President Jacob Zuma received a standing applause in Washington DC after suggesting Israel and Palestine should take advice from South Africa about resolving their violent conflict.
Zuma told the National Press Club in the city, where the US-Africa Leaders summit is under way, that South Africa would not expel Israel’s ambassador Arthur Lenk in the wake of the conflict between Palestine and Israel.
“There was a demonstration in South Africa where the call was made,” he said, adding that South Africa was a free country and people were free to demonstrate to show how they felt.
“[Expelling] an ambassador is not going to solve anything,” he said.
Take a bigger view
Zuma said he believed South Africa has “an example in our own experience that we can offer to do something”.
He said: “We came from a conflict that nobody thought would ever be solved, institutionalised racism in South Africa.”
This was one of the solutions South Africa could offer to help solve the conflict and that it was necessary to take a bigger view.
He also made the point earlier at a breakfast meeting of the US Chamber of Commerce.
Zuma said he wanted to “express our outrage at the continued violence that is claiming scores of lives of civilians in Palestine”.
He told business leaders that South Africa added its voice to the United Nations “in condemning strongly the senseless shelling of civilian shelters by Israel”.
He said the two sides needed to sit and talk to arrive at the two-state solution of Palestine and Israel “living peacefully side by side”.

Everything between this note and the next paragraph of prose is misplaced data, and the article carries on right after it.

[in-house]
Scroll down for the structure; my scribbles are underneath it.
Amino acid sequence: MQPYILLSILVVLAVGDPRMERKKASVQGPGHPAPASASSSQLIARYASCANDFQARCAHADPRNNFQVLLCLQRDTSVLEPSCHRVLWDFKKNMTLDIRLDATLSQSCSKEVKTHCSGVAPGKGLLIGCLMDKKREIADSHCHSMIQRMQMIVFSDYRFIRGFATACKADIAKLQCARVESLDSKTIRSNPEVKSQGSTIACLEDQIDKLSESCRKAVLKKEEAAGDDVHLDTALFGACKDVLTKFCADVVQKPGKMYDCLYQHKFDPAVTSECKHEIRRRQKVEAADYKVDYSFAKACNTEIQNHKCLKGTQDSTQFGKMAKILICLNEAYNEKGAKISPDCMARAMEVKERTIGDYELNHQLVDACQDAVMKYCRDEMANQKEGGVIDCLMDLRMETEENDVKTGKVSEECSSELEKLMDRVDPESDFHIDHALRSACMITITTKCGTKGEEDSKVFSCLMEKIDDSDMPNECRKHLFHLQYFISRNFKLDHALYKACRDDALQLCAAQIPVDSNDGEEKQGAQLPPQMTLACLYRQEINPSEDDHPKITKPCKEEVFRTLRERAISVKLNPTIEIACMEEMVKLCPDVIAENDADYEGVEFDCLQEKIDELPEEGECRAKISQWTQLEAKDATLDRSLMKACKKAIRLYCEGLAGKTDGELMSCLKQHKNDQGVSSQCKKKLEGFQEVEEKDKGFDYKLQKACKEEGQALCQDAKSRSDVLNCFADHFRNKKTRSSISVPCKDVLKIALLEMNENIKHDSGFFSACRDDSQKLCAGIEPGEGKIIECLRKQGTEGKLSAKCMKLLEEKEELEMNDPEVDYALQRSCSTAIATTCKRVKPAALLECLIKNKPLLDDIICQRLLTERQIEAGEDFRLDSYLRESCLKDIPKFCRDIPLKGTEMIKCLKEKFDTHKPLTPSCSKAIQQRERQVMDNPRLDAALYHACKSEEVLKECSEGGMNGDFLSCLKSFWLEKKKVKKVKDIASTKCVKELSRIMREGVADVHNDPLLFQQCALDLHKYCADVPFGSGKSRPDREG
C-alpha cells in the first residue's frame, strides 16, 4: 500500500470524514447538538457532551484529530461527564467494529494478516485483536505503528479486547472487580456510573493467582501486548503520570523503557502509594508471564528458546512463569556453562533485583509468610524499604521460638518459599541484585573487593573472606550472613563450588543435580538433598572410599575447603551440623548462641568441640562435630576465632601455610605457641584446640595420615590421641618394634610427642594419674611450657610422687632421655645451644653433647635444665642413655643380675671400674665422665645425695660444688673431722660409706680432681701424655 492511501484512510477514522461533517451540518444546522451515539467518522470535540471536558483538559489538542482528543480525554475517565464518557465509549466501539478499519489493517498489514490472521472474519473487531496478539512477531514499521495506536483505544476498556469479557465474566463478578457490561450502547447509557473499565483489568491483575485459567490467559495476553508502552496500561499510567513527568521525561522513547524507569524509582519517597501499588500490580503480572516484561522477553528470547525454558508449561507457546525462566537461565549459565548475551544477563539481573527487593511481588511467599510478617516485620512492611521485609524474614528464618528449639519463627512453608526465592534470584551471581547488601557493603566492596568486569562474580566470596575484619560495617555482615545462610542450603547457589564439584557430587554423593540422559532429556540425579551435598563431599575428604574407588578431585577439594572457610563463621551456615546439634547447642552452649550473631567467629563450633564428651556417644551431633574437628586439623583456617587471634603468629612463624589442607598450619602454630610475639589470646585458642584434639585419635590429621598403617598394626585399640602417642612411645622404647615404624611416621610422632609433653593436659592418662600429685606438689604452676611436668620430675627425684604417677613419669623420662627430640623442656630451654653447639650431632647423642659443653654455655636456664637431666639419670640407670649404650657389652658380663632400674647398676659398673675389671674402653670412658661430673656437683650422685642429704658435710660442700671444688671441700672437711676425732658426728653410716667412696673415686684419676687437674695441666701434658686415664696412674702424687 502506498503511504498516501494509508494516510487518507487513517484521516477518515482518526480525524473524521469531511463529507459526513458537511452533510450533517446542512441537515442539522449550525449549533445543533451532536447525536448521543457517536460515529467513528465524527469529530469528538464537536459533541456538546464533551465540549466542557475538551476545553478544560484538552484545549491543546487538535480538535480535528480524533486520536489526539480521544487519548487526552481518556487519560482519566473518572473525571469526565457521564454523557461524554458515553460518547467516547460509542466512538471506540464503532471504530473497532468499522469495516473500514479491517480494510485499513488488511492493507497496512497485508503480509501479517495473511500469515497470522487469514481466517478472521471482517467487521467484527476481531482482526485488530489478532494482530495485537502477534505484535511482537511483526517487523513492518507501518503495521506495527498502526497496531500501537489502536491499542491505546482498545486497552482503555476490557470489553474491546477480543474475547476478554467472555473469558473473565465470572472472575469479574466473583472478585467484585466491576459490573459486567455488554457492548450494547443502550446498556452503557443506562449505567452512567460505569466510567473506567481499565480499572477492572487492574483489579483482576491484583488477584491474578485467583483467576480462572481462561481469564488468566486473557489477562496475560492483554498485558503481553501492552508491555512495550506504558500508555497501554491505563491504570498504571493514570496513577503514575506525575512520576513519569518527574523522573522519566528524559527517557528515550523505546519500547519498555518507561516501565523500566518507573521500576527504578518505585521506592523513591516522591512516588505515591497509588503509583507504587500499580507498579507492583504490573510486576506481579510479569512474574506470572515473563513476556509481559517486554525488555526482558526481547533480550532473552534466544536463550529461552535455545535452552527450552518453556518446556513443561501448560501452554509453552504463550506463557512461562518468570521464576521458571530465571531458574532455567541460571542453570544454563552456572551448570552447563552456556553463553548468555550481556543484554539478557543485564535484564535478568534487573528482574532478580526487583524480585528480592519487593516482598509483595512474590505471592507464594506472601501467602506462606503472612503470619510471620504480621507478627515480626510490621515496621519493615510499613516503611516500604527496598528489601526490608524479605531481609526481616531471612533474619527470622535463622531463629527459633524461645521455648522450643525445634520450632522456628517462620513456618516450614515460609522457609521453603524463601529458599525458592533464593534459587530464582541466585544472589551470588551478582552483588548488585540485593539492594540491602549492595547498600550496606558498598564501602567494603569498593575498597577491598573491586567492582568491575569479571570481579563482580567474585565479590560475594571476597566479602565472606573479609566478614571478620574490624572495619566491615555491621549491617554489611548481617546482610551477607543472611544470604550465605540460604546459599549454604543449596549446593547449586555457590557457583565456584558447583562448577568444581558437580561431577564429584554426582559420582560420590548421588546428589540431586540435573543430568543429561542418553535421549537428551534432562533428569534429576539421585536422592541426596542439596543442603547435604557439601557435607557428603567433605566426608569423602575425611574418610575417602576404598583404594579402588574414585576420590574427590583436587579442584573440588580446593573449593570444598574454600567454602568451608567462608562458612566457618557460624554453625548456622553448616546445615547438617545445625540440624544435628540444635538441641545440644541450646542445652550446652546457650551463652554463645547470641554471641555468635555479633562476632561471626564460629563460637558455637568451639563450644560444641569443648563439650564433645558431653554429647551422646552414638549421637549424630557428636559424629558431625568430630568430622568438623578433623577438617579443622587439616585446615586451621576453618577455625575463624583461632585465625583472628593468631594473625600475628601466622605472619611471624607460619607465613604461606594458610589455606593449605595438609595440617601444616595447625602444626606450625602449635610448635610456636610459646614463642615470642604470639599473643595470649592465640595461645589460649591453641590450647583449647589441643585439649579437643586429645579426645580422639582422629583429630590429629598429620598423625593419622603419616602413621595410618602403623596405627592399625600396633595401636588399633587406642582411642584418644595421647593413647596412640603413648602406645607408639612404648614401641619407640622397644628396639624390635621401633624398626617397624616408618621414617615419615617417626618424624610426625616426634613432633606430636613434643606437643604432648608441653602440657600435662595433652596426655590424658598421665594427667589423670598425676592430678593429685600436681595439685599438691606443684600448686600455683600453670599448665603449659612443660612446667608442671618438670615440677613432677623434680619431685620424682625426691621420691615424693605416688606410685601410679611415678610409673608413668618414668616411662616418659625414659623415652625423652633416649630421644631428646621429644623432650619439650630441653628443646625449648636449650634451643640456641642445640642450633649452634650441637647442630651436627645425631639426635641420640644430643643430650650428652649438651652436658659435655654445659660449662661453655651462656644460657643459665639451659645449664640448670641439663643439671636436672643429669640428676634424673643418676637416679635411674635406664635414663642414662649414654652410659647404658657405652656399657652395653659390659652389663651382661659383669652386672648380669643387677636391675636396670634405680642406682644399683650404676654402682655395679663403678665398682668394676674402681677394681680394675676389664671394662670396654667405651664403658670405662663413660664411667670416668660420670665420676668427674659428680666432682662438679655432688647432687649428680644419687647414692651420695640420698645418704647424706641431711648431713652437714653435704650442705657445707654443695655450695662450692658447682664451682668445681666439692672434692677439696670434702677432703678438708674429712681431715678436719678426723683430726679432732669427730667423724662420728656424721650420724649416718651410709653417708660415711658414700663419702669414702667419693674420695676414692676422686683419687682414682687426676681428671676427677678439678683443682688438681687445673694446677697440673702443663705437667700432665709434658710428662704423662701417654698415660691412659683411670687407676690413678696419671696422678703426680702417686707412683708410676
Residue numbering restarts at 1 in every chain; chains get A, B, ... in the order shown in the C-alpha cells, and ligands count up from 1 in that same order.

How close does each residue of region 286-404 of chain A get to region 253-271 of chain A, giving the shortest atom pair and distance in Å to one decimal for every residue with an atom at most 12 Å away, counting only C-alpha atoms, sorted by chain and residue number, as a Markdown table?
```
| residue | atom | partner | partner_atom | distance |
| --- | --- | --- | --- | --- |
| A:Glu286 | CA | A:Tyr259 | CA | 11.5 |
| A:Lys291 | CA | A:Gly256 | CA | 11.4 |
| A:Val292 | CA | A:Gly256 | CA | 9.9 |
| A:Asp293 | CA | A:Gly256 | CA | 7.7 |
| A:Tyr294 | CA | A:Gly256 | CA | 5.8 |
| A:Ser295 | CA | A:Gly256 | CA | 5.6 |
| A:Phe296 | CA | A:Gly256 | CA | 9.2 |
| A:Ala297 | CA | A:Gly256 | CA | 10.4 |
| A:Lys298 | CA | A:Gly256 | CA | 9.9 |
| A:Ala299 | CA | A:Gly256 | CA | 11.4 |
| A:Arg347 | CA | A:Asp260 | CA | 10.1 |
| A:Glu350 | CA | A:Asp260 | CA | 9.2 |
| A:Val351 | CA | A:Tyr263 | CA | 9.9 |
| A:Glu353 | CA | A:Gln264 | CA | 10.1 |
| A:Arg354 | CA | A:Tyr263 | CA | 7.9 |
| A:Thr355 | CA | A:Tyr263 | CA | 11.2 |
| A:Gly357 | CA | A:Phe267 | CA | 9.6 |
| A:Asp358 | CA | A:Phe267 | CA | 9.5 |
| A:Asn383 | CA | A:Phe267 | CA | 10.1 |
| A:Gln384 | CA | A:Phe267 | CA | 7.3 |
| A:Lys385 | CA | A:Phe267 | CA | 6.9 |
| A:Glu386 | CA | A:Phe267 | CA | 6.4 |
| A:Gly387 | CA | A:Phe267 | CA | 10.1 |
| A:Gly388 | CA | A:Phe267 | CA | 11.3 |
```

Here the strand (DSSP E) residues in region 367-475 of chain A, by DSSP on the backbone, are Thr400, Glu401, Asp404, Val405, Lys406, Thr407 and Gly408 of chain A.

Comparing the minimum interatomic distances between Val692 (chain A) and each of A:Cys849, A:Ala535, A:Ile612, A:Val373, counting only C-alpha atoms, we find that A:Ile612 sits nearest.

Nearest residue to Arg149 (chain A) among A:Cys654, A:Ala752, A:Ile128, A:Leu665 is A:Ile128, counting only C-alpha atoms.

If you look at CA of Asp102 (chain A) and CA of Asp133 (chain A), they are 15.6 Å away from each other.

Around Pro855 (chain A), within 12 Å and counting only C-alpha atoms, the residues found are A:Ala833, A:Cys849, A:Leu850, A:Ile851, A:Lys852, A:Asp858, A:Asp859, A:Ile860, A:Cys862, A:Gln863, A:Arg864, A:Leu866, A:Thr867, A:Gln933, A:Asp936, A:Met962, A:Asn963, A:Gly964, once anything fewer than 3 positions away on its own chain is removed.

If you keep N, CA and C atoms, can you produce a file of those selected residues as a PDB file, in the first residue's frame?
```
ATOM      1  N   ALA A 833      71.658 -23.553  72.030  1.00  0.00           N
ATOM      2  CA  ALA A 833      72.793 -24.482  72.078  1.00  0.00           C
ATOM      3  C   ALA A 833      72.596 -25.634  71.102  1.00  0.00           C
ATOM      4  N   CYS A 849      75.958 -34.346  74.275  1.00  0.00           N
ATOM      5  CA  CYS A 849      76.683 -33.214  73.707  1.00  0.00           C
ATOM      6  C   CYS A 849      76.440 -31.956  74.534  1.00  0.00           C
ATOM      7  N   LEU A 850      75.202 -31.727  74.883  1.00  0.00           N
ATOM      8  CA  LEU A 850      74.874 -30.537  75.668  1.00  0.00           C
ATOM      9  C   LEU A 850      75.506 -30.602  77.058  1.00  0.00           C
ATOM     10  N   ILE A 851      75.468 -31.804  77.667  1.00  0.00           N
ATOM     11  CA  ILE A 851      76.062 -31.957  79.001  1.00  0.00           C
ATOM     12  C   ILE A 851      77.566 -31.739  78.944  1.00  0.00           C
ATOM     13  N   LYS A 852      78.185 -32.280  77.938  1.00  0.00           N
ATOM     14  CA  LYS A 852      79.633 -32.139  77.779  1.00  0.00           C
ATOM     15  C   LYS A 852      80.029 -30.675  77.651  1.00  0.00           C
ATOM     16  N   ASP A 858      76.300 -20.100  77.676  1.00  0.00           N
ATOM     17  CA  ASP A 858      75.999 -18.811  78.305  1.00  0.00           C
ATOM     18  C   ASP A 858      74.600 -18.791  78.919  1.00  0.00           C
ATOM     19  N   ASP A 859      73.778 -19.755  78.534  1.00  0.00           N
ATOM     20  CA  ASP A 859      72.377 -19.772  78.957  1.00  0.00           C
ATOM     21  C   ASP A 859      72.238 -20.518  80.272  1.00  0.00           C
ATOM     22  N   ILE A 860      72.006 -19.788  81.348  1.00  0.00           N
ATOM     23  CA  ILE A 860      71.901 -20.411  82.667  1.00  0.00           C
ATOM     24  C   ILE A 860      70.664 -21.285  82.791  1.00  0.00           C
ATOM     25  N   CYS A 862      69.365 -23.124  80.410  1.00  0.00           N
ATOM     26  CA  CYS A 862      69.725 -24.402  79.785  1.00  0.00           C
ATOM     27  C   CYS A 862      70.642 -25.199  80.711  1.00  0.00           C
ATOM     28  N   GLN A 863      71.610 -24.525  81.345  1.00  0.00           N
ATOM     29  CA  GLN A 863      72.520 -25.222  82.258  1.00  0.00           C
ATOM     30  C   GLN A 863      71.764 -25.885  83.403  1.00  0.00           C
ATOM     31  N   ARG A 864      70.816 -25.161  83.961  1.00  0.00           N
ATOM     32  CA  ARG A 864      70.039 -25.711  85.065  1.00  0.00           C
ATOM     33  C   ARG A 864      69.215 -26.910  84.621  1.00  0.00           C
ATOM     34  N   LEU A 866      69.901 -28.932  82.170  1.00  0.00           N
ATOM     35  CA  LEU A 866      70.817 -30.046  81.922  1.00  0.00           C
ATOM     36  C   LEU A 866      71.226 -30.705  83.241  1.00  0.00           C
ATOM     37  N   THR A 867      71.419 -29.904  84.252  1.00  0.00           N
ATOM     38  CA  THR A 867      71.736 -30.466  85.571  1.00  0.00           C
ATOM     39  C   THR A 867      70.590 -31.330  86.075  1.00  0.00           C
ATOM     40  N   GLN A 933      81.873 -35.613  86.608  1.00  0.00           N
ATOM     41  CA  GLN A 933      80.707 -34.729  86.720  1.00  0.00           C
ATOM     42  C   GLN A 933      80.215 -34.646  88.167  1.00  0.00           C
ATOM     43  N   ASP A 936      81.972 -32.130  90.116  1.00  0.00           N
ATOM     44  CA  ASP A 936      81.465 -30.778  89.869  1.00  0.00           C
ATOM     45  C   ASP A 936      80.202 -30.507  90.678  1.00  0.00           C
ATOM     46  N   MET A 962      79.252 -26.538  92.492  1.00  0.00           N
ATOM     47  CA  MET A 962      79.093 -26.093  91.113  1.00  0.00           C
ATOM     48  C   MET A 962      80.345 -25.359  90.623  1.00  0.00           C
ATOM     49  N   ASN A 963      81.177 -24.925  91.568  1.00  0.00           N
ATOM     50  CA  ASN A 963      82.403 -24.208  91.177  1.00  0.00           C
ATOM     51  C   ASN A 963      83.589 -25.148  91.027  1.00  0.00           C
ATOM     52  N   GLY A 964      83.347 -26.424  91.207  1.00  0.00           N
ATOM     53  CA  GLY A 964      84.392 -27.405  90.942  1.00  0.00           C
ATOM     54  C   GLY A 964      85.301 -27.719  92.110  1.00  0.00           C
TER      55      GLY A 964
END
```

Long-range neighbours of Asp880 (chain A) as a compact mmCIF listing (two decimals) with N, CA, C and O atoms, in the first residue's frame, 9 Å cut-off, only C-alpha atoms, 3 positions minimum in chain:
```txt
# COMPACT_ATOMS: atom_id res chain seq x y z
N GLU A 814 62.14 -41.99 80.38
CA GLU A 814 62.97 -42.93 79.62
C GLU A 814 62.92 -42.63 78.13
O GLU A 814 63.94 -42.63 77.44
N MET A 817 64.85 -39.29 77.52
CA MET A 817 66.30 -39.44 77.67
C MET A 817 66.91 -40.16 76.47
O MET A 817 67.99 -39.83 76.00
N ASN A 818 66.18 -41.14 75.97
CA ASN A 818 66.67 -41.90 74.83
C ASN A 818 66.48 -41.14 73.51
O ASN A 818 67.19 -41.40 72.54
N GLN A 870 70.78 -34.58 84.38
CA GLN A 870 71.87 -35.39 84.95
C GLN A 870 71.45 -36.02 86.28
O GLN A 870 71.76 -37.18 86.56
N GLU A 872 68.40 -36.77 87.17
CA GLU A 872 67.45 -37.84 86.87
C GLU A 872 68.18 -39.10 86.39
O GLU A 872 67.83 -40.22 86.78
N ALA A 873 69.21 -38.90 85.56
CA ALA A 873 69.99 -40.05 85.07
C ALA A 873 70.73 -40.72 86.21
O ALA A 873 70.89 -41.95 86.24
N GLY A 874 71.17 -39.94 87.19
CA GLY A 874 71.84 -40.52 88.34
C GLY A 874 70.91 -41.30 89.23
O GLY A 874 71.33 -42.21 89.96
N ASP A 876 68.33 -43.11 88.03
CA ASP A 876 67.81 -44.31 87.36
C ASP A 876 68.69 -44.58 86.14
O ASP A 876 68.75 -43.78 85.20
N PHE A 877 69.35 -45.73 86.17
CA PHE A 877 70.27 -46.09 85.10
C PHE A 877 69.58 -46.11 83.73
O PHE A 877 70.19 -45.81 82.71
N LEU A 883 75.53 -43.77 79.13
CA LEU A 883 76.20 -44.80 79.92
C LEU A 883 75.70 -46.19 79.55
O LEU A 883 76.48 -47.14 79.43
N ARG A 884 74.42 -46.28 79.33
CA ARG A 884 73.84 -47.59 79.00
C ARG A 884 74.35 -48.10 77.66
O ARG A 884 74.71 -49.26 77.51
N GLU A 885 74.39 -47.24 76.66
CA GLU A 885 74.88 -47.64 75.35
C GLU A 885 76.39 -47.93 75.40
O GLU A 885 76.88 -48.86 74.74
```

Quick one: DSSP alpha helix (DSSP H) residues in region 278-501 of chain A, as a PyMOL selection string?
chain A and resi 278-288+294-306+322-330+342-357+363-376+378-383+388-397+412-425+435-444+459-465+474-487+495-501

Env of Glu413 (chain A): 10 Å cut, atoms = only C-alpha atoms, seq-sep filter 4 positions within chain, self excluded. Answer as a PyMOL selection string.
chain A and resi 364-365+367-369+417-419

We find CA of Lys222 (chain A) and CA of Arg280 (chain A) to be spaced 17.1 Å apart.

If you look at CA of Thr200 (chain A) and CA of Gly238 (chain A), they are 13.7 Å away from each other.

He said the two would not be able to make each other disappear from the face of the earth by continuing the violence. “There will never be a military solution… between Israel and Palestine,” he said.
Zuma in both speeches made the call for the Africa Growth and Opportunity Act to be extended for another 15 years when it comes up for renewal in the US Congress next year. This was as representatives from African countries were locked in all-day deliberations with American leaders about the issue.
Zuma is set to meet with US senators lobbying on this matter on Wednesday morning. This includes Chris Coons who chairs the African Affairs subcommittee in Senate and who is pushing for the renewal of Agoa.
Some members in the US Congress say South Africa as a middle income country should be excluded from the free-trade agreement.
Zuma, who had a full programme in Washington DC, still appeared frail following his sick leave in June.
At some point there was talk in diplomatic circles that his office had informed them that Zuma cancelled his dinner with powerful chief executive officers of South African and American companies as well as three other heads of state on advice of his doctors.
Zuma’s spokesperson Mac Maharaj, however, denied that this was the case.
African heads of state are set to attend a dinner hosted by President Barack Obama on Tuesday night, the biggest during his Presidency.
The US-Africa Leaders summit is set to take place on Wednesday.
Washington DC residents have been complaining about traffic jams in the city centre as roads have been cordoned off and black luxury vehicles and blue lights have taken over the streets around major hotels and meeting spots.